Carla van der Sluijs says that in spite of flaws in directorial decisions, Ralph Fiennes’ performance was convincing and she was ‘left reeling from the king’s merciless pursuit of power’. Do you agree with her?


Ralph Fiennes in ‘Richard III’ has been one of the most hotly anticipated productions in London. Fiennes is known for gracing the Hollywood screens with cruel and calculating characters and it was exciting to see him turn his talents to the West End stage. Though the play went a step too far in its efforts to distinguish itself, it was a definite success with plenty of atmosphere and chilling moments to grip me firmly in the ‘winter of our discontent’.

Aside from Cate Blanchett in the audience the night I was there, this production was famed for its star-studded appearances. However, their performances were mixed in quality. Fiennes’ interpretation of the cruel king may have been disappointingly unsurprising to some. Like most of his film characters he was cold and unsmiling for most of his time on stage. And yet, this created a frightening king who absolutely ruled the space with a firm hand, just as he was ruling the country at the time. As an audience, we always felt one step behind his murderous intentions. Fiennes’ walked with a realistic and consistent limp. His twisted back reflected Richard’s difficult posture and hinted at the physical pain that may have provoked the psychological danger of the character. I wanted to enjoy Vanessa Redgrave’s performance as she is so well-known and talented, and yet I ended up zoning out for most of her speeches. She spoke quietly and slowly which halved the energy of intense scenes and unfortunately did not draw the audience into her long wordy monologues.

When staging Shakespeare there is always pressure to create something new with a script that has been performed over and over since the 1500s. This was evidently on the director’s mind, and the desperate push to be outside the box caused some decisions that strayed too far from the character’s designs. One detail that I loved was the archaeological excavation taking place on stage as the audience entered. Men in dust suits, reporters and onlookers filled the stage until the house lights went down on the discovery of Richard’s skull. This was accompanied with voiceovers from a news broadcast before they faded out into Fiennes’ firm and heart-stopping delivery of that famous opening line. I loved this intriguing opening that established a firm connection between the past and the present. However, there were other movements away from the script which caused problems. Although I am completely in favour of new interpretations of ‘Richard III’, the director lost the point of the character by including a shocking rape scene between King Richard and Queen Margaret. What Richard lacks in his twisted physicality is accounted for in the strengths of his twisted mind. His terrifying force is entirely psychological and the rape scene was disappointingly out of touch with the character.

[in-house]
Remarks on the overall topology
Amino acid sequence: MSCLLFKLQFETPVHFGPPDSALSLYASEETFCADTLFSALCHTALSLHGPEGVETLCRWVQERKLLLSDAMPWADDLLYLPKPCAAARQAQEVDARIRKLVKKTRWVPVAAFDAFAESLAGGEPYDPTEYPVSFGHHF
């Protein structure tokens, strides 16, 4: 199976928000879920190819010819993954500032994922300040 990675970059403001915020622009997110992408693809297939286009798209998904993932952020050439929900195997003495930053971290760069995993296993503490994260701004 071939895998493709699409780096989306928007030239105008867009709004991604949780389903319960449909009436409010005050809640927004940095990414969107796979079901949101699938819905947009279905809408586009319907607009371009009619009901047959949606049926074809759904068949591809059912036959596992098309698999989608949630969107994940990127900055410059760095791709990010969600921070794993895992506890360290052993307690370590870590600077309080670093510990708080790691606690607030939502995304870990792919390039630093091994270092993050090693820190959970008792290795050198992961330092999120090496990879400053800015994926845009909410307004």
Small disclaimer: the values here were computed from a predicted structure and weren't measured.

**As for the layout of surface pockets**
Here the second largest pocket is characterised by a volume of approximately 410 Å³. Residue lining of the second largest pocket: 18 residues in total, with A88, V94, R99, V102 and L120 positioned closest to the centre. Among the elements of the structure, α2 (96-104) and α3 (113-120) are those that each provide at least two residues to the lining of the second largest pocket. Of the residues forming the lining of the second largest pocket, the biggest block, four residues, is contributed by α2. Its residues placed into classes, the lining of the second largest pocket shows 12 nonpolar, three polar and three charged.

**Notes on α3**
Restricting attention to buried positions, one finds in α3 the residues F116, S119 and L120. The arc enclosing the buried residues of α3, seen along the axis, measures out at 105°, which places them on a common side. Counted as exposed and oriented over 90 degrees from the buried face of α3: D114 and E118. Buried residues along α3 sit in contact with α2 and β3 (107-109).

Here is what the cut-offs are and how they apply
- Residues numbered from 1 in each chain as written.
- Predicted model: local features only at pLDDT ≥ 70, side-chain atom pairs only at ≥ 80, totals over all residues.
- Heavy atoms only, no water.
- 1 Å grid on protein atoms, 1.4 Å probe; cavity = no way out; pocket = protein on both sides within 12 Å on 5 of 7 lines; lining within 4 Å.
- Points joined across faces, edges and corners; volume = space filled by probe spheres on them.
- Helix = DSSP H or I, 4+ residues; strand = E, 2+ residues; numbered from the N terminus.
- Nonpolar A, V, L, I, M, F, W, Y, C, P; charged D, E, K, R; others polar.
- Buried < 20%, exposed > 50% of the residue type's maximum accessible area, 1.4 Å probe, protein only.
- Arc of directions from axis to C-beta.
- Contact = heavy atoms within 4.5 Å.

In spite of flaws in directorial decisions, I really enjoyed the performance and I was left reeling from the king’s merciless pursuit of power. Fiennes’ dramatic strength is in chilling acting which completely worked with a character like ‘Richard III.’ In this role he was, quite simply, a natural.


Carla van der Sluijs